BY MARK MORDUE
Tom Studans from the Australian Unemployed Workers Union steps up to the microphone to talk about Newstart payments that have not risen in real terms for a quarter of a century.
Sixty people occupy the hall. They’re here in answer to an unemployment and welfare crisis. The Sydney Street Choir – a group dealing with homelessness, mental illness, addiction and social disadvantage through “the power of song” – have just bawled their way through a re-worded version of the Whitlam-era, ALP election anthem “It’s Time”. Later they give us a guts-and-glory reading of the Beatles classic, “Help”. Between those two songs a string of people who’ve been on Newstart give us their testimonials.
Raise the rate campaign
The Addison Road Community Centre Organisation is launching the “Raise the Rate” campaign at Gumbramorra Hall in Sydney tonight. They are partnering with the Australian Council for Social Services to push for a significant increase to Newstart payments by $75 a week.
A lot to ask? After 25 years, maybe not.
When you’re on a standard Newstart payment of $278 per week, it won’t be long before you’re unable to keep up with the rent, pay your electricity and phone bills, or buy essential groceries. You can’t figure out how to get a job because you don’t even know how you can live.
The pressure from the privatised “job providers” to comply with their routine twenty-job-applications-a-month “contract” – along with attending their box-ticking interviews in the name of vocational supervision – is so grinding it can crush you. Bad luck if you’re young and living in a failing regional centre; or if you’re over 50 and out of a job. And God help you if you’re a single parent.
There are now over 800,000 Australians on Newstart, Youth Allowance or related income support. They join some three million living below the poverty line, many of whom have casual and part-time jobs, fearful of sliding back into a punitive Newstart system, and willing to accept the most unreliable employment conditions to scrape by.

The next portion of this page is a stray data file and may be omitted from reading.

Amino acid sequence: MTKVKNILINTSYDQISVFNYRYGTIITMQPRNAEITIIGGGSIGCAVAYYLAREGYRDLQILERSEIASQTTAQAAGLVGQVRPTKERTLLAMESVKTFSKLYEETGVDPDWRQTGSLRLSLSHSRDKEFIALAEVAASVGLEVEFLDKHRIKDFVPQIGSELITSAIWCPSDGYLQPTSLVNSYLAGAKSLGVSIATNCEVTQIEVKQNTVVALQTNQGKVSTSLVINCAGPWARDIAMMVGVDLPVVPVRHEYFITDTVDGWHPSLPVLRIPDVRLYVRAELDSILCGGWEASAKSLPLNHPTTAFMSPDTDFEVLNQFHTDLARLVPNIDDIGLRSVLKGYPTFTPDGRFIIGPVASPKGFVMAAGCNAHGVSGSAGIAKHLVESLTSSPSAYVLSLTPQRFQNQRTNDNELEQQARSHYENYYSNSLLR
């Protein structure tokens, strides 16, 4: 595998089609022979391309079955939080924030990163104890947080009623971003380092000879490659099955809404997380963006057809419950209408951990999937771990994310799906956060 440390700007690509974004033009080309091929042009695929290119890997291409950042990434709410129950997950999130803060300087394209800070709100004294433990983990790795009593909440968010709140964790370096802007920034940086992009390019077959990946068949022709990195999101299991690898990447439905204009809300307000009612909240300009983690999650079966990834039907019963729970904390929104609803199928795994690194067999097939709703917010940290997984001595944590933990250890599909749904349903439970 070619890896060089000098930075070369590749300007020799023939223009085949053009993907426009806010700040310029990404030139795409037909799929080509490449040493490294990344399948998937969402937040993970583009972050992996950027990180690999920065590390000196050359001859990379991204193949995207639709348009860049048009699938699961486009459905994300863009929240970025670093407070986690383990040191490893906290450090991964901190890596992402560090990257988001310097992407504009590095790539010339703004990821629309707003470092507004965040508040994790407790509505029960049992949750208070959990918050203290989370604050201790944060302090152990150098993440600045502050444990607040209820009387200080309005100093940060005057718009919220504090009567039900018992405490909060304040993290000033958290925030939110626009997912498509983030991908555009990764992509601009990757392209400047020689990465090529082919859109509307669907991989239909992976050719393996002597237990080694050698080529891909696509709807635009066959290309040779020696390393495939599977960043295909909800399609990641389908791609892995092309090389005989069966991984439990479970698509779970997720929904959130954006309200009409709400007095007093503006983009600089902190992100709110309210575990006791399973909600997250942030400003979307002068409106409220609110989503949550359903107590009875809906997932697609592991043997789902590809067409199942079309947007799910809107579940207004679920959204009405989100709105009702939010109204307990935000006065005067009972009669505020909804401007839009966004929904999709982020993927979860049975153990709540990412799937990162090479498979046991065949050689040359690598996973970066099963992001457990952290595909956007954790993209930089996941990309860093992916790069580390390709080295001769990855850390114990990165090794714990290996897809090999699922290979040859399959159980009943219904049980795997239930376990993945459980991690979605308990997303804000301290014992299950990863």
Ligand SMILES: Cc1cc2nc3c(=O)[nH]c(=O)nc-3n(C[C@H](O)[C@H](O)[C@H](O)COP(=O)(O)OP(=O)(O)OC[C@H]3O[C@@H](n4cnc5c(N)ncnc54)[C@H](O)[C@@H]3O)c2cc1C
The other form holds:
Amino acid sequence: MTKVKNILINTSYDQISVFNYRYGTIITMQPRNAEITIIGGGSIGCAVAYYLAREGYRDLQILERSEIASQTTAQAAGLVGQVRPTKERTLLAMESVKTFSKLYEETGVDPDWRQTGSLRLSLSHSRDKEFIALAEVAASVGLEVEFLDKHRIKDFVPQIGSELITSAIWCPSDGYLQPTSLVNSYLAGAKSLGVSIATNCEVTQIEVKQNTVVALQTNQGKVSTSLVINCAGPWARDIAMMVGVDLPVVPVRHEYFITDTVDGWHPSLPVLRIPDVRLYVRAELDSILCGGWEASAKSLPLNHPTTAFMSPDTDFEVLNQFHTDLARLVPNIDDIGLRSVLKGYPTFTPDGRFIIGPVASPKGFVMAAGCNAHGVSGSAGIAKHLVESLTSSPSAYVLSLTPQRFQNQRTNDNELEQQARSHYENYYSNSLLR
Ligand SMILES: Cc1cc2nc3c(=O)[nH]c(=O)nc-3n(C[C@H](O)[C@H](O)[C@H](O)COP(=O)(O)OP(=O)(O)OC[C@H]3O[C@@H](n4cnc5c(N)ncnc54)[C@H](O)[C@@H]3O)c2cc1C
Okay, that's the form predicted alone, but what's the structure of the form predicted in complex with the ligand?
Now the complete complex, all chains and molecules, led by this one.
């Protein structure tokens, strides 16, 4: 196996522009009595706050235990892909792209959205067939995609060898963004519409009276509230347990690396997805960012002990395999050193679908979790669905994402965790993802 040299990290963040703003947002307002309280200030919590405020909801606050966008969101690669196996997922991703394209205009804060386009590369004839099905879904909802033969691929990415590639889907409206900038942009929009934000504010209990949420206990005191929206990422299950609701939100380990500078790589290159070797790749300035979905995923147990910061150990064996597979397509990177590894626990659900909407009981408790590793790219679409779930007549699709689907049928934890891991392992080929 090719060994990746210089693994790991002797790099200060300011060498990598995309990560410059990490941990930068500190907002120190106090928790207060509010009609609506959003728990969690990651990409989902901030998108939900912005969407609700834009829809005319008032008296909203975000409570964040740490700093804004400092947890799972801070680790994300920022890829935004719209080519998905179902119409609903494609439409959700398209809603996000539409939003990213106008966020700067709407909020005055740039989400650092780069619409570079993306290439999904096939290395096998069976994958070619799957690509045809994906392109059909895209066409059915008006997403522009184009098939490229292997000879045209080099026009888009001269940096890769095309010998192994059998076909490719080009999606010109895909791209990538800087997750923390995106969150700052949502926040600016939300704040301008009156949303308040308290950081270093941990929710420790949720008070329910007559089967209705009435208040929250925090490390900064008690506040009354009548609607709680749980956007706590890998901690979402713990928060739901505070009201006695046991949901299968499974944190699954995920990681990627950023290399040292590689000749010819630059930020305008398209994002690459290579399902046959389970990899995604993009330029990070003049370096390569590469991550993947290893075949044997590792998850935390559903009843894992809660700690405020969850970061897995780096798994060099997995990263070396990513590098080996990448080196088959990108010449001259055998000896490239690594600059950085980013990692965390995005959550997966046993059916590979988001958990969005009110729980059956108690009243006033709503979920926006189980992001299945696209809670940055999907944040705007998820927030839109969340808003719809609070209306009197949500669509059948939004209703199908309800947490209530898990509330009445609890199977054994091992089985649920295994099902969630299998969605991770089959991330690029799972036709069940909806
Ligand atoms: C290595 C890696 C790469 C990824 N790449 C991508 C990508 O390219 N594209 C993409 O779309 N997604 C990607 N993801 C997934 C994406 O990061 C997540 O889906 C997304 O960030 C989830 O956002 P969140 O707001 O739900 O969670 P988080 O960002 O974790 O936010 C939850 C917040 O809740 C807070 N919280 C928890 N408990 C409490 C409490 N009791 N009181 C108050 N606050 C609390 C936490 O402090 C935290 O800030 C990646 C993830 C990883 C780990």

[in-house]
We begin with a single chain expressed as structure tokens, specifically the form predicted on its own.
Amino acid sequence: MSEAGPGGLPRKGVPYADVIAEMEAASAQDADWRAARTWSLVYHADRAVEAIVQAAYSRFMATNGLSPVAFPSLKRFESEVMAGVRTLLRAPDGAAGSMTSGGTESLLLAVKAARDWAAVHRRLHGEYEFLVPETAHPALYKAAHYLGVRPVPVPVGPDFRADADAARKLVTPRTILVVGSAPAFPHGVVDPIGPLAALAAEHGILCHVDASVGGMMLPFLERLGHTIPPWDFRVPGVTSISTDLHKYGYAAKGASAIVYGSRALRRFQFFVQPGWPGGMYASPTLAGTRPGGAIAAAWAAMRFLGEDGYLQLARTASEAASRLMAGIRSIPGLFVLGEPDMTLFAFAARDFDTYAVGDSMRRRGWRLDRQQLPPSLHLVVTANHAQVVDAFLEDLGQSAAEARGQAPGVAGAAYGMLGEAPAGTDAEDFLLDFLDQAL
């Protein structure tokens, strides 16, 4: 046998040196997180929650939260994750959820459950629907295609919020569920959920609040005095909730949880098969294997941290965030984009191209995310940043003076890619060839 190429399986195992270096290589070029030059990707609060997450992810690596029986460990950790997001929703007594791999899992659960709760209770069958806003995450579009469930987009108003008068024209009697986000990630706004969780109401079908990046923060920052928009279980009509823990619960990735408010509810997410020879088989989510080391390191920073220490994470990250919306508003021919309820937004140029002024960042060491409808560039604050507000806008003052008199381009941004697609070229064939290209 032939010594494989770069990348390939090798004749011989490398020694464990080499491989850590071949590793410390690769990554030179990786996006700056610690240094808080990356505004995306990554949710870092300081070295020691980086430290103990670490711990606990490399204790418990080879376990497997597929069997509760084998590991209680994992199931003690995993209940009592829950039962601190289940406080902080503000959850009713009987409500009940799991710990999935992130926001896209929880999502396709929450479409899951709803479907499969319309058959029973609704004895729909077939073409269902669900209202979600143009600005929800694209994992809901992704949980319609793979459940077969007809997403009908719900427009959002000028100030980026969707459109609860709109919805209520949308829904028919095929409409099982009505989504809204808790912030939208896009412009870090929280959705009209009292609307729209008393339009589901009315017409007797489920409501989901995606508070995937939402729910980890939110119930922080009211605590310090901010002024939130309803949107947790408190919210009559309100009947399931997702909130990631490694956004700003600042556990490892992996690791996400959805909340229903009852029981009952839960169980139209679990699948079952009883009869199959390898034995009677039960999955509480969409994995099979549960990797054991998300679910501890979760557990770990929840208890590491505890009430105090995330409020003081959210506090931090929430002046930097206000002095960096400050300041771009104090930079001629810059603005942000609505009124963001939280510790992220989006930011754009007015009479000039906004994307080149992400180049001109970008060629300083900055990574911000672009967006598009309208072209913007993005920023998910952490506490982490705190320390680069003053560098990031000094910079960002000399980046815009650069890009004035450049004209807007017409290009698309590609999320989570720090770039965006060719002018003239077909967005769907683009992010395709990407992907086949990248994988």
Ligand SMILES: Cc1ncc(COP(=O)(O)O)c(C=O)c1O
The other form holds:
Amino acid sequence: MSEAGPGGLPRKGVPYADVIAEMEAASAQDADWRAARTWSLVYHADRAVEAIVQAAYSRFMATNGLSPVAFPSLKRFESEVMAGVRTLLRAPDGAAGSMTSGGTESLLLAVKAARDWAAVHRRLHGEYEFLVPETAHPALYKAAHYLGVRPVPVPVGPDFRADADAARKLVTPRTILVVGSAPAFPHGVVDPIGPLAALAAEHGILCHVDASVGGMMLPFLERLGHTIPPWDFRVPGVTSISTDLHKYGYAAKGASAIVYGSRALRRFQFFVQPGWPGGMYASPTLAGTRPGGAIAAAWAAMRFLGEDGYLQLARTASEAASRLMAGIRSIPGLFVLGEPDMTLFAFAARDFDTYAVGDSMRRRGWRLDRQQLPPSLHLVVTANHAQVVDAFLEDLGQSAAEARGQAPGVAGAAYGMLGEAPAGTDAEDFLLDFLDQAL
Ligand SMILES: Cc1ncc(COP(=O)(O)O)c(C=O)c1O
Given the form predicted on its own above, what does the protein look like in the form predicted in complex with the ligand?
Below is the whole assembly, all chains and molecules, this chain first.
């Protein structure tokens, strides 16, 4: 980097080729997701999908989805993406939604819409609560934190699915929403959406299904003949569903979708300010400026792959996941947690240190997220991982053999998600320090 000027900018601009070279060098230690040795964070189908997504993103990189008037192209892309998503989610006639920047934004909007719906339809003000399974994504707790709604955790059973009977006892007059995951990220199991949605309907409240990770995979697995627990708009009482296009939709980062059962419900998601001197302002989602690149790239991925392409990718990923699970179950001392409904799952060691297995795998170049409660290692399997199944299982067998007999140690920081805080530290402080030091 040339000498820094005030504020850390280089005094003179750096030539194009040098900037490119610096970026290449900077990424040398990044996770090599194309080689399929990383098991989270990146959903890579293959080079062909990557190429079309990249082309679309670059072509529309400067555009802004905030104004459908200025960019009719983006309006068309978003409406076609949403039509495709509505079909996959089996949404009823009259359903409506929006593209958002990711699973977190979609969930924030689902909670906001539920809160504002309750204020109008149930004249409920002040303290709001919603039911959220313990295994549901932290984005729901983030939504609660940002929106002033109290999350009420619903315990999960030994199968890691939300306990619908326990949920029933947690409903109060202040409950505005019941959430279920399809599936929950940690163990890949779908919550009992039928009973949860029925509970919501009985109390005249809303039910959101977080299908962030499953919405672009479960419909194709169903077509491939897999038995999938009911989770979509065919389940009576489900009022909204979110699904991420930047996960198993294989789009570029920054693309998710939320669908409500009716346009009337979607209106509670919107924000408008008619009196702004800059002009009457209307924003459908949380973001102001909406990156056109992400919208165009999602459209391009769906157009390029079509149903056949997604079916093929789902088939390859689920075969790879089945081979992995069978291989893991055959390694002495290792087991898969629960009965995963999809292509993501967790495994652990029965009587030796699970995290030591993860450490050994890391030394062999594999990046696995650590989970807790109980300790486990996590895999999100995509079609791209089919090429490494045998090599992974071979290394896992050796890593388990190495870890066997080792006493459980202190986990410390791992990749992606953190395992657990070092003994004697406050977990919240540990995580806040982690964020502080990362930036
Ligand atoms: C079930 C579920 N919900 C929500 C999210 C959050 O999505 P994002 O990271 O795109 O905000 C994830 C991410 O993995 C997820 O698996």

While the AUWU’s Tom Studans speaks, candidates for the inner west Sydney seat of Grayndler in the 2019 federal election sit listening: Jim Casey of the Greens and Paris King Orsborn of the United Australia Party (UAP). With them is Andrea Leong, leader of the Science Party (and herself a candidate for the Senate), present tonight on behalf of an absent Majella Morello, who is running for Leong’s party in this electorate.
Neither of the two major parties is present. That’s unsurprising. But it is still disappointing, one more indictment of a seemingly broken political system. Labor has at least promised “a review” of Newstart. The need is urgent.
Mr Studans tells the crowd that a colleague of his in the AUWU killed himself and there are many cases like this. He believes this death is directly connected to Newstart.
“We can’t prove a causal relationship,” he says, “because we can’t ask a dead person.”
Anyone who has been on Newstart does not find Mr Studans’ claim hard to believe. Suicide ideation is a common by-product of being caught up in Newstart. Most people here just shake their heads and understand.
Mr Studans states it openly: “Our bodies and our lives have been sold out. We say enough!”
Andrea Leong from the Science Party acknowledges Mr Studans’ speech. “People are valuable,” she says. “The problem is, ‘welfare’ has become a dirty word. It’s been corrupted But its real meaning is connected to well-being, for us as individuals and for our society as whole.”
The cruelty factory
Jim Casey of The Greens calls Centrelink and Newstart “The Cruelty Factory”. Everyone knows the system has little to do with getting people employed and much to do with driving them away.
“It’s designed to break people. The most vulnerable and the most weak are forced to cop it sweet. And yet we have never been wealthier as a nation. The top 1 per cent of the population have as much as the bottom 70 per cent.”
The UAP’s Paris King Orsborn asks for a minute’s silence for Mr Studans’ lost friend. She feels strongly about unemployment and Newstart from “personal experience”. It’s why she attended tonight, her first ever political meeting, as a candidate.
Addison Road Community Centre Organisation CEO Rosanna Barbero thanks the Sydney Street Choir for raising our mood. She explains how Addi Road “works in the community. We see how people are doing it tough. The powerlessness they feel in the system. And how so many people are down on themselves because of it. It’s why Addison Road Community Centre Organisation has got behind this cause.”
Mark Mordue is Communications & Media Adviser for the Addison Road Community Centre Organisation.